• Customer Service Manager: $56,550
  • Bookkeeper: $41,703
  • Executive Assistant to CEO: $64,157
  • Logistics Manager: $54,812
  • Marketing Manager: $55,336

Trade/Career Degrees in Architecture and Engineering

Overview

Another common category for trade and career degrees is the field of architecture and engineering. According to the NCES, this is the fifth most common area of study for vocational students. Students with natural proficiencies in science and mathematics may find this field of study particularly appealing.

Types of Career and Trade Degrees in Architecture and Engineering

As you might expect, there are dozens of different trade and career degrees in architecture and engineering, depending on the sub-field you’re interested in. Here are some examples:

  • Associate’s in Engineering Technology
  • Associate’s in Industrial Engineering
  • Associate’s in Auto CAD Drafting
  • Associate’s in Biomedical Equipment Technology
  • Associate’s in Aviation Electronics Technology
  • Associate’s in Electronics Engineering Technology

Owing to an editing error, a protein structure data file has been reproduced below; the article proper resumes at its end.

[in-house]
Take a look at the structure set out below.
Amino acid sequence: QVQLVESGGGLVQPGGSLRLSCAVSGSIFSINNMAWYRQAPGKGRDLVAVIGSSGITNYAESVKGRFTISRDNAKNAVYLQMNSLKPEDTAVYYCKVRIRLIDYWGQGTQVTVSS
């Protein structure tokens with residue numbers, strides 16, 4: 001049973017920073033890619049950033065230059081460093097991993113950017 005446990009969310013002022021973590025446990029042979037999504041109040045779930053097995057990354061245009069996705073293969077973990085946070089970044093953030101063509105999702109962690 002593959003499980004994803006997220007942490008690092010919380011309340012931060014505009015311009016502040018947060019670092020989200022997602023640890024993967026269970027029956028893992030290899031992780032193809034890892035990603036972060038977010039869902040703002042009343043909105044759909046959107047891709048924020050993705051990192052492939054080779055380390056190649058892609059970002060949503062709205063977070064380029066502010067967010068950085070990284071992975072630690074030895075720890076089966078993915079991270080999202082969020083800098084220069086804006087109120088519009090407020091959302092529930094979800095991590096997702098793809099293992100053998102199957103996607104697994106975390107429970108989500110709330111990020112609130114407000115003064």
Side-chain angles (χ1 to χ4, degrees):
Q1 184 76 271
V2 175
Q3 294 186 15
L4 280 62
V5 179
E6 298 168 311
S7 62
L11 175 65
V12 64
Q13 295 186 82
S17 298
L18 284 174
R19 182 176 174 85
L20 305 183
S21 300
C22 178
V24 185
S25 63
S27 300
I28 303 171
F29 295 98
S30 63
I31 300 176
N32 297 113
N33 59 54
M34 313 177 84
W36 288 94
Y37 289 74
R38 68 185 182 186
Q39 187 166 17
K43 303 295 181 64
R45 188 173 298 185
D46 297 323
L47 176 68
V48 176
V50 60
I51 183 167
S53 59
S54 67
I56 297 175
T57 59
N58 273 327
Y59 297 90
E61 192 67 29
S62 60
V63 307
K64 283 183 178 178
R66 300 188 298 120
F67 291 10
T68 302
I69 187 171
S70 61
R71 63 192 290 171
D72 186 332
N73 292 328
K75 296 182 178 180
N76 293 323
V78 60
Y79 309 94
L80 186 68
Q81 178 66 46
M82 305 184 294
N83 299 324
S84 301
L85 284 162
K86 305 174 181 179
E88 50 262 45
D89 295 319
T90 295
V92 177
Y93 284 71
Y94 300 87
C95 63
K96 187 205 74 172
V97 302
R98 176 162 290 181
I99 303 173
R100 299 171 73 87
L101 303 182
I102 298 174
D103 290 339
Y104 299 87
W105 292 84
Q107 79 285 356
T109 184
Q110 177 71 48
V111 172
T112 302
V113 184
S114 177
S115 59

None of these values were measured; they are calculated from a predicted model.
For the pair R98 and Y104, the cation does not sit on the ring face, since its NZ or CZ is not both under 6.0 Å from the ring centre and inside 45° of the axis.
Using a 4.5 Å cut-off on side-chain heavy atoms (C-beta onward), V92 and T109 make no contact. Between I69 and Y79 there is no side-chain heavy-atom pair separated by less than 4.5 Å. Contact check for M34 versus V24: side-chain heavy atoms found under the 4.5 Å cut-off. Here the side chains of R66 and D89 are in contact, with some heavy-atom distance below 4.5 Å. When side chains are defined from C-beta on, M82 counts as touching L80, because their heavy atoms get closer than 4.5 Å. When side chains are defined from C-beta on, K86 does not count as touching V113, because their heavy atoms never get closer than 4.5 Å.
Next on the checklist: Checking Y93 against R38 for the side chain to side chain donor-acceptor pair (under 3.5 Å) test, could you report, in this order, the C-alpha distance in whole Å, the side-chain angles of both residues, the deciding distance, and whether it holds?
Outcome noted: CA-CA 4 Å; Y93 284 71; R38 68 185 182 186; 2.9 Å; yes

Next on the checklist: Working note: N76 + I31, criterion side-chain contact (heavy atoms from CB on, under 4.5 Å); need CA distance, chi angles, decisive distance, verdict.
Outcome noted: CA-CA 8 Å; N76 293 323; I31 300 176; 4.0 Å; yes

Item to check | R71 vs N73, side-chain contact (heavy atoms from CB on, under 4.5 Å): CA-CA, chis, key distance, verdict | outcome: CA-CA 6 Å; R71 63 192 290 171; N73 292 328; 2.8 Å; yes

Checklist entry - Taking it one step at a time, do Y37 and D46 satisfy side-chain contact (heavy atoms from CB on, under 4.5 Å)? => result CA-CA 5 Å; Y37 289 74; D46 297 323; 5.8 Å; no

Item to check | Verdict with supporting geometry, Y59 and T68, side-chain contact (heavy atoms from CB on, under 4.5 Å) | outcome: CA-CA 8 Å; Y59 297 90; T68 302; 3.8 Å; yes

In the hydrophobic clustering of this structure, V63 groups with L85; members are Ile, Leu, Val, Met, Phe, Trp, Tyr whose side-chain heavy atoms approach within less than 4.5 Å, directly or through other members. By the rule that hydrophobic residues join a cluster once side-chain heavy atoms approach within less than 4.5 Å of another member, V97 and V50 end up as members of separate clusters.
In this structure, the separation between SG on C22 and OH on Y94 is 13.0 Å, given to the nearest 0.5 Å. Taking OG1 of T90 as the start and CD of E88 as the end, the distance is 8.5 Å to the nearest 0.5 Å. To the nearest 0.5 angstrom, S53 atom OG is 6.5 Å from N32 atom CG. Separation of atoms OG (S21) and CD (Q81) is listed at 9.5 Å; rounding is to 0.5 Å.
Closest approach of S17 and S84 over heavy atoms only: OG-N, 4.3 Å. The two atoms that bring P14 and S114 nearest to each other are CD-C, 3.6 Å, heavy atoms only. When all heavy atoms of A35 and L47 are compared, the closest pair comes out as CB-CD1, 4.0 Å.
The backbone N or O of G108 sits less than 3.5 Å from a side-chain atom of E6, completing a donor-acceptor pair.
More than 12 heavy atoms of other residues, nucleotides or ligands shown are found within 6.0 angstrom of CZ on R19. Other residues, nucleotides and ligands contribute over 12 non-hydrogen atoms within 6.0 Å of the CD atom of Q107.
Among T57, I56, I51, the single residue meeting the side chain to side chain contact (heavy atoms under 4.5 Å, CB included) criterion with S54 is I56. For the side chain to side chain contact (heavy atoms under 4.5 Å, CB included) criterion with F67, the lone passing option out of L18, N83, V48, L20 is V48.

• Associate of Civil Engineering Technology
  • Associate’s in Drafting Technology
  • Associate of Mechanical Engineering
  • Associate of Robotics
  • Associate’s in Telecommunications Technology
  • Associate’s in Architectural Design
  • Associate’s in Computer Engineering

Career/Trade Degrees in Architecture and Engineering: Curriculum

Though the curriculum for trade and career degrees in architecture and engineering will vary depending on the specific type of degree in question, there is some overlap. Generally, these plans of study will include foundational classes in science and mathematics as well as introductory to courses in engineering and architecture such as programming, graphics, and technical drawing, for instance. Below, you will find some sample course titles for reference.

Sample Course Titles for Architecture and Engineering Trade and Career Degrees

  • Introduction to Technical Drawings
  • Precision Machining Operations
  • Engineering Graphic Communications
  • Advanced 3-D Modeling
  • C++ Programming
  • General Physics
  • Linear Algebra
  • Ordinary Differential Equations
  • Vector Calculus

Trade and Career Degrees in Architecture and Engineering: Jobs and Salaries

Trade and career degrees in architecture and engineering tend to be very lucrative. Below is a list of occupations in the field associated with vocational degrees along with their mean annual wages, according to the Bureau of Labor Statistics (BLS):